Courtesy of ENERGYminute
See more articles and infographics from ENERGYminute HERE
Image Courtesy of Psychology Today
On Wednesday, the International Energy Agency released their World Energy Outlook 2021 report discussing—you guessed it—three potential future global energy scenarios.
The report was dropped ahead of the 2021 United Nations Climate Change Conference (COP26) like a Kanye West listening party. The report outlines three future scenarios.
Net Zero by 2050 Scenario:
- Backdrop: Net-zero global emissions by 2050 and a stabilized global average temperature rise of 1.5 degrees.
Implications: Coal and oil peak this year, while natural gas continues to grow before returning back to today’s levels by 2030. Wind and solar take off like William Shatner in a Jeff Bezos spaceship.
Stated Policies Scenario:
- Backdrop: Only existing and under-development policies are put in place. The result leaves emissions around current levels and the global average temperature increases by 2.6 degrees.
Implications: An accelerated reduction in energy emissions but offset by emissions growth in industries such as cement, steel, and trucking—mainly from emerging markets.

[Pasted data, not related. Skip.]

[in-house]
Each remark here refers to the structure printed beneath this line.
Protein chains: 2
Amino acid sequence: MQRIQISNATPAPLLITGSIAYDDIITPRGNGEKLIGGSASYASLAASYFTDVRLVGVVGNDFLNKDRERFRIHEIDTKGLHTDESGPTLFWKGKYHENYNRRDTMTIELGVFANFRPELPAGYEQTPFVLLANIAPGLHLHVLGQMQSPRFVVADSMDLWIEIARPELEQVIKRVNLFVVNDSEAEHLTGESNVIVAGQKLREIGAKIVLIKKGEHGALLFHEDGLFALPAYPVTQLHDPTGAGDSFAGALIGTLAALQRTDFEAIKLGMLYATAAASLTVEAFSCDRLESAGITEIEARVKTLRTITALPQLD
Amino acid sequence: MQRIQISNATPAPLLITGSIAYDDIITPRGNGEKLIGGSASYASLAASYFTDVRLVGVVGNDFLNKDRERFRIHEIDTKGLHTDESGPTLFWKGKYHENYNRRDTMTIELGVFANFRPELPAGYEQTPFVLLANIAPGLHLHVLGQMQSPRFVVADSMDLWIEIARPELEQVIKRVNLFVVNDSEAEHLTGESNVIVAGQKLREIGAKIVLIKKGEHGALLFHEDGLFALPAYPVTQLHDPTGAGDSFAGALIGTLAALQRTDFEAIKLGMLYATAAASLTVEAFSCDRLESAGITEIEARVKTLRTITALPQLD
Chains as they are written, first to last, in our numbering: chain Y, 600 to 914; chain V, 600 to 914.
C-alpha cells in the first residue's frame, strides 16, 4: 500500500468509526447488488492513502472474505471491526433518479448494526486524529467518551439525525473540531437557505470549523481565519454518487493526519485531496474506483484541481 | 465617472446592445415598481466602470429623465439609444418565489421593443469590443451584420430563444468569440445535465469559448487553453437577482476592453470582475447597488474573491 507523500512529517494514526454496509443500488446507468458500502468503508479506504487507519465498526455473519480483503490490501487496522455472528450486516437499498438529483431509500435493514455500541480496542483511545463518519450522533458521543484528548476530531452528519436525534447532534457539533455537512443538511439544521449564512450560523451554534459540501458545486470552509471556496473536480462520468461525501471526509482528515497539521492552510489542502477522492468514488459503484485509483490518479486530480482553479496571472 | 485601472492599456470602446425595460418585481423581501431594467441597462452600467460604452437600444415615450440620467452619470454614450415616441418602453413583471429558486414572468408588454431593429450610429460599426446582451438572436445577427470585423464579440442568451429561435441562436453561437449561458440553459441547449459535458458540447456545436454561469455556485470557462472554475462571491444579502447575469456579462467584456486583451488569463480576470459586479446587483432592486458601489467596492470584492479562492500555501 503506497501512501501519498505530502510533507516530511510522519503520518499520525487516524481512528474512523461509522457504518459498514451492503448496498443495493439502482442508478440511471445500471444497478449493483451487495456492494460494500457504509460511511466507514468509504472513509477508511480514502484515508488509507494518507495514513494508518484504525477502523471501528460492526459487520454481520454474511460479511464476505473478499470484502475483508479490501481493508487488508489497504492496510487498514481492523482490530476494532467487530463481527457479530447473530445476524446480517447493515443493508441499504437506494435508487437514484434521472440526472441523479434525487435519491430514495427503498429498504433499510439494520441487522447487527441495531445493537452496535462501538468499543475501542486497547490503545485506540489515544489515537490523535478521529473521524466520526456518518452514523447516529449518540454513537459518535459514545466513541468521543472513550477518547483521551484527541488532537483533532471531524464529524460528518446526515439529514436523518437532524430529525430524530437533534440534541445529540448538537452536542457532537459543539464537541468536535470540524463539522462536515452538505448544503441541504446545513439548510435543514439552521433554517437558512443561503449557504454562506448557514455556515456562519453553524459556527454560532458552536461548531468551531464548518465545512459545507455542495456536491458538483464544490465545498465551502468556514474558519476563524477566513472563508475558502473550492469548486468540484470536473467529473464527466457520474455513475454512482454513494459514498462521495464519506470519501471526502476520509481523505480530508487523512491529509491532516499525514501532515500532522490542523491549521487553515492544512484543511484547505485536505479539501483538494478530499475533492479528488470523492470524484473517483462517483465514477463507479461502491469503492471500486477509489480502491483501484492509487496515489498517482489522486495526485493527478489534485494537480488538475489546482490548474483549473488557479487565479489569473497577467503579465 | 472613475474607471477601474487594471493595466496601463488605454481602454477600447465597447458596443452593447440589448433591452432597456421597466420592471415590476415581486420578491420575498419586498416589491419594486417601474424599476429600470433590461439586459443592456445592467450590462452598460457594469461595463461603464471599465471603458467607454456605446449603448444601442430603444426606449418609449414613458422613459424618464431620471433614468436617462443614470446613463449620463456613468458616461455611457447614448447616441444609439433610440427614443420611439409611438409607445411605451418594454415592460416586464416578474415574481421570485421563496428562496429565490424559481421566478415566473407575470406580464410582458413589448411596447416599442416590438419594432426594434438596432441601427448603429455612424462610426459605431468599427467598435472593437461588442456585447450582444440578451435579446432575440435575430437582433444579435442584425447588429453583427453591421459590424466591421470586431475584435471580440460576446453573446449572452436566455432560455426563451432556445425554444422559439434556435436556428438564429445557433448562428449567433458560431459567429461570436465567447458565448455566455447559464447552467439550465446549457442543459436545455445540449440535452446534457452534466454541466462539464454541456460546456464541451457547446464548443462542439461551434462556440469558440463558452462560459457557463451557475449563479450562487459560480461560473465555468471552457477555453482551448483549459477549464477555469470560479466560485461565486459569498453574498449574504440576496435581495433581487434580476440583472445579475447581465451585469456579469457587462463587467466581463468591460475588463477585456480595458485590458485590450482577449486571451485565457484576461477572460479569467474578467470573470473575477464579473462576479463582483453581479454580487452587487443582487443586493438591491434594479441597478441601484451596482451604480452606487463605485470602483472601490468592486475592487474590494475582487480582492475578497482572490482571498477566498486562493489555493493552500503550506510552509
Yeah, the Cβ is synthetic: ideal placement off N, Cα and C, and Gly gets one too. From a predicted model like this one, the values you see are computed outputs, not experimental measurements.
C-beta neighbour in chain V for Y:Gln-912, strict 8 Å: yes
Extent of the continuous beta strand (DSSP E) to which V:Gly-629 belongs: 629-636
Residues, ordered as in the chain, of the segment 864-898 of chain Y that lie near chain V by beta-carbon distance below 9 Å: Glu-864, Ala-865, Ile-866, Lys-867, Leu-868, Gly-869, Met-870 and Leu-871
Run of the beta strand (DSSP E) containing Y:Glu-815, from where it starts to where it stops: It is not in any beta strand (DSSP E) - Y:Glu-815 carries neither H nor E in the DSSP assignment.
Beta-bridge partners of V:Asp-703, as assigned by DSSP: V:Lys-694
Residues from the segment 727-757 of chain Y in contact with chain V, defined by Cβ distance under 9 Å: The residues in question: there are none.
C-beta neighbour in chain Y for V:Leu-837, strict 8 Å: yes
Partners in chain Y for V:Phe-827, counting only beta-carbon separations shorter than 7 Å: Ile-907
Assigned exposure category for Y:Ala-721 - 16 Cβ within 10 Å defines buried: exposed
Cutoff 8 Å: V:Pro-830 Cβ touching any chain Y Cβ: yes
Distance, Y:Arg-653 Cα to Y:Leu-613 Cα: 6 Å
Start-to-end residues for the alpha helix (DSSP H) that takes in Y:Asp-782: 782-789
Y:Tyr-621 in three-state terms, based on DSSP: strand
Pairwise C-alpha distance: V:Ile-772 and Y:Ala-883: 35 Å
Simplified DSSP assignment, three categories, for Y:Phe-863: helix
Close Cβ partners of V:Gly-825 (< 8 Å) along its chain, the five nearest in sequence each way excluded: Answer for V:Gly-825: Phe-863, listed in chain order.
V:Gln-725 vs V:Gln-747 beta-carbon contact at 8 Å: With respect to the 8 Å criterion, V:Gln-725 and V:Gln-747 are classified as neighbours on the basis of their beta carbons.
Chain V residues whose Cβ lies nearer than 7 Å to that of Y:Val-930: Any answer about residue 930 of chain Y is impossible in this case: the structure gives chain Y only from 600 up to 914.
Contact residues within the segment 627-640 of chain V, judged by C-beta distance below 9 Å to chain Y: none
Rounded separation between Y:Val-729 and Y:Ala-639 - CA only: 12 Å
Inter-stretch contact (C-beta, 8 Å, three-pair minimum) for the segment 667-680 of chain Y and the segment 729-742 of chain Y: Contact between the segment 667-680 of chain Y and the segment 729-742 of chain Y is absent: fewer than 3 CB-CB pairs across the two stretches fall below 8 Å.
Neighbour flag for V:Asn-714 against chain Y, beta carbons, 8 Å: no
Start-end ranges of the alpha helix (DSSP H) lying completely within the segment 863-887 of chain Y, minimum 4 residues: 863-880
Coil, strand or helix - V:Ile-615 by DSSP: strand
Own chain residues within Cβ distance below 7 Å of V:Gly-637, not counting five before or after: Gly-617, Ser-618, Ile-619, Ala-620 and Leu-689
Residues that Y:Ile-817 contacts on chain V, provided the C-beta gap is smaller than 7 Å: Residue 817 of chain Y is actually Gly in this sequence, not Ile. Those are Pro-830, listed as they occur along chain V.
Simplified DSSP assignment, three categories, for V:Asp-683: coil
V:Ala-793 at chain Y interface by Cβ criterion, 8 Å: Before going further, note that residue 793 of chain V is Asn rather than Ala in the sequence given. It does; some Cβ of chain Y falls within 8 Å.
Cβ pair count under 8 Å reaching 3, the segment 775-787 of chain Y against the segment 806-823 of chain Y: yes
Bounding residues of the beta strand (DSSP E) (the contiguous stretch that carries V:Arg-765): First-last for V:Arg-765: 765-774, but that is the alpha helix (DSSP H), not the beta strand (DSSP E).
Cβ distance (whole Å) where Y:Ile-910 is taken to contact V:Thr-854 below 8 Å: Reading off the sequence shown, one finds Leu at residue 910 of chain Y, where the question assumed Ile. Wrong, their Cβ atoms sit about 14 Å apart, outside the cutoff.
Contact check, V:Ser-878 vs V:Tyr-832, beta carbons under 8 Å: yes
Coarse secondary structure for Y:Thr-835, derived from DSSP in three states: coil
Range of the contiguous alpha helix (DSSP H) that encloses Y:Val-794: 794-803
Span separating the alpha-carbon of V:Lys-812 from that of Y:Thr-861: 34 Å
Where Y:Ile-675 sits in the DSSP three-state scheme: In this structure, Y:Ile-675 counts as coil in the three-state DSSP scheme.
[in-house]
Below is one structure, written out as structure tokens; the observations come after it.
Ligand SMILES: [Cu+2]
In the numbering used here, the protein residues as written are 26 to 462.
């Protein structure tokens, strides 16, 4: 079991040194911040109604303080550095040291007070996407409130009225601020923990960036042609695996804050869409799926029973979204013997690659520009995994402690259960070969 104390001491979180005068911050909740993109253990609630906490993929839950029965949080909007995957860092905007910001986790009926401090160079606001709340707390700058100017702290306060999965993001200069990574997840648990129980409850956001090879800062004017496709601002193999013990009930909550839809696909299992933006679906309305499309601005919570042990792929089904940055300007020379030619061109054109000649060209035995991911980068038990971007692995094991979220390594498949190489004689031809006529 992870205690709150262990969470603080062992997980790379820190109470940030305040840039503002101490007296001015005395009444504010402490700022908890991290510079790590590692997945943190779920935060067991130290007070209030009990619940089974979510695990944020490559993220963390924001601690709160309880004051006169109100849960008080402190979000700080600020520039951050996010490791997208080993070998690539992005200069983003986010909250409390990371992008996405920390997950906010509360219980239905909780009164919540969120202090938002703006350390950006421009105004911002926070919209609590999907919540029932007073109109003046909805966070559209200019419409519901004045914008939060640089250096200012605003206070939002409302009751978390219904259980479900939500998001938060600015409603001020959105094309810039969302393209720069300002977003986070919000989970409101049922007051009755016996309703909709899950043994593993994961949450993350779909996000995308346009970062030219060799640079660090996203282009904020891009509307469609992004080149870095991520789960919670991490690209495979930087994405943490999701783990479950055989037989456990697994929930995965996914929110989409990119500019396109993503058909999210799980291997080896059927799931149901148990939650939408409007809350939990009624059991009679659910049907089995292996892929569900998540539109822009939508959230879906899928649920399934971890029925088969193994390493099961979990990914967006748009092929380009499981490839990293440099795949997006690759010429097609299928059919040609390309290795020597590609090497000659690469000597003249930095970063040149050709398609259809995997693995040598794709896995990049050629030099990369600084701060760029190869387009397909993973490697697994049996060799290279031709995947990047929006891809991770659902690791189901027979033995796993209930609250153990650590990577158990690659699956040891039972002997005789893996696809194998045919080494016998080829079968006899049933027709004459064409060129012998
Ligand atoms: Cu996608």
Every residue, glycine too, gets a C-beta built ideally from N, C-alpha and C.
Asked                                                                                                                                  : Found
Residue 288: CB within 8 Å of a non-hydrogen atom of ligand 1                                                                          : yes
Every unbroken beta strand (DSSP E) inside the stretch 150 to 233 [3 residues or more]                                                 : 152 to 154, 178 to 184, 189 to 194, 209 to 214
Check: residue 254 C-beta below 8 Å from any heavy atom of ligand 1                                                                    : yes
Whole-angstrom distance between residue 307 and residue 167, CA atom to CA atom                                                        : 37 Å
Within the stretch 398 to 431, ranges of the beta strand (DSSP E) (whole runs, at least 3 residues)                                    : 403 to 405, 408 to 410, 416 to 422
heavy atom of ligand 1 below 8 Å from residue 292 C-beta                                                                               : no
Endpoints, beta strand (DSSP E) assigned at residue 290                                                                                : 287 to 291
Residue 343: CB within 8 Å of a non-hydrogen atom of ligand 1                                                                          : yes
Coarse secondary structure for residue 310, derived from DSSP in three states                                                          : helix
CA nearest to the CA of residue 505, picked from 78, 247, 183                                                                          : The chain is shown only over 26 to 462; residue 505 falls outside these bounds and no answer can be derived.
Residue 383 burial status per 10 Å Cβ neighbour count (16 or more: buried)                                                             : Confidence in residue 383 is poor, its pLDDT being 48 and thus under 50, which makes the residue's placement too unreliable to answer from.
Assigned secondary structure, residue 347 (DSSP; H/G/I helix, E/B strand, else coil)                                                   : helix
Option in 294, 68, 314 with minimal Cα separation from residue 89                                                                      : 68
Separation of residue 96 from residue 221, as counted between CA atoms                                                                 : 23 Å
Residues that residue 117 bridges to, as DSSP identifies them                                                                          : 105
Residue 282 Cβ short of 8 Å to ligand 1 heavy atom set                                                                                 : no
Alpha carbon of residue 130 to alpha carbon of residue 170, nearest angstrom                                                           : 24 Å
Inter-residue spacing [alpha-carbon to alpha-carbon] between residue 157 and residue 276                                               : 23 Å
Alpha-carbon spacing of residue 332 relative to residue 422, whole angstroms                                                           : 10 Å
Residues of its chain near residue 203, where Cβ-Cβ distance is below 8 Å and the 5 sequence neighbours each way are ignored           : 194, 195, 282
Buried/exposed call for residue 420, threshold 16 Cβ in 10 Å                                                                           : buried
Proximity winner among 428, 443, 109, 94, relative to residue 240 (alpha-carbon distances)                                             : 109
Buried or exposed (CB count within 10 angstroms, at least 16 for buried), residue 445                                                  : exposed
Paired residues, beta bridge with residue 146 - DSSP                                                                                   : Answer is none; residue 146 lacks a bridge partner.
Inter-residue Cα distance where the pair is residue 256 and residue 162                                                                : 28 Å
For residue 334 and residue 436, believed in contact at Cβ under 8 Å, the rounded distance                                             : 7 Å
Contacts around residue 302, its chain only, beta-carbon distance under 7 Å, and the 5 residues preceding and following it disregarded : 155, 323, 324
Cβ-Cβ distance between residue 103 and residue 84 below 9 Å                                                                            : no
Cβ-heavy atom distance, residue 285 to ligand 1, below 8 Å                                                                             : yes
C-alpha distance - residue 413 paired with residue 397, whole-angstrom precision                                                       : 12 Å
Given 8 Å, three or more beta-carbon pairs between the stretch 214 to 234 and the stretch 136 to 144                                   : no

Announced Pledges Scenario:
- Backdrop: In the lead up to COP26, several countries have made new pledges to be net zero by 2050. If all of these pledges, in addition to the existing and in-development policies, were put in place, you would have this scenario. Consequently, the average global temperature rise is held to 2.1 degrees above pre-industrial levels.
Implication: Low-emitting sources dominate the energy industry by 2030, oil demand peaks in 2025, and emissions fall 40 percent from current levels by 2100.
The report does suggest some slight changes to our current approach as solution including an additional push for clean electrification, a relentless focus on energy efficiency, a broad drive to cut methane emissions from fossil fuel operations, and a big boost to clean energy innovation.
Bottom line: Unfortunately for us but luckily for werewolves, no are silver bullets to be found here. The report paints a clear picture that the current rate of energy transition is far from meeting net zero by 2050 climate goals.
+Read the full report: World Energy Outlook 2021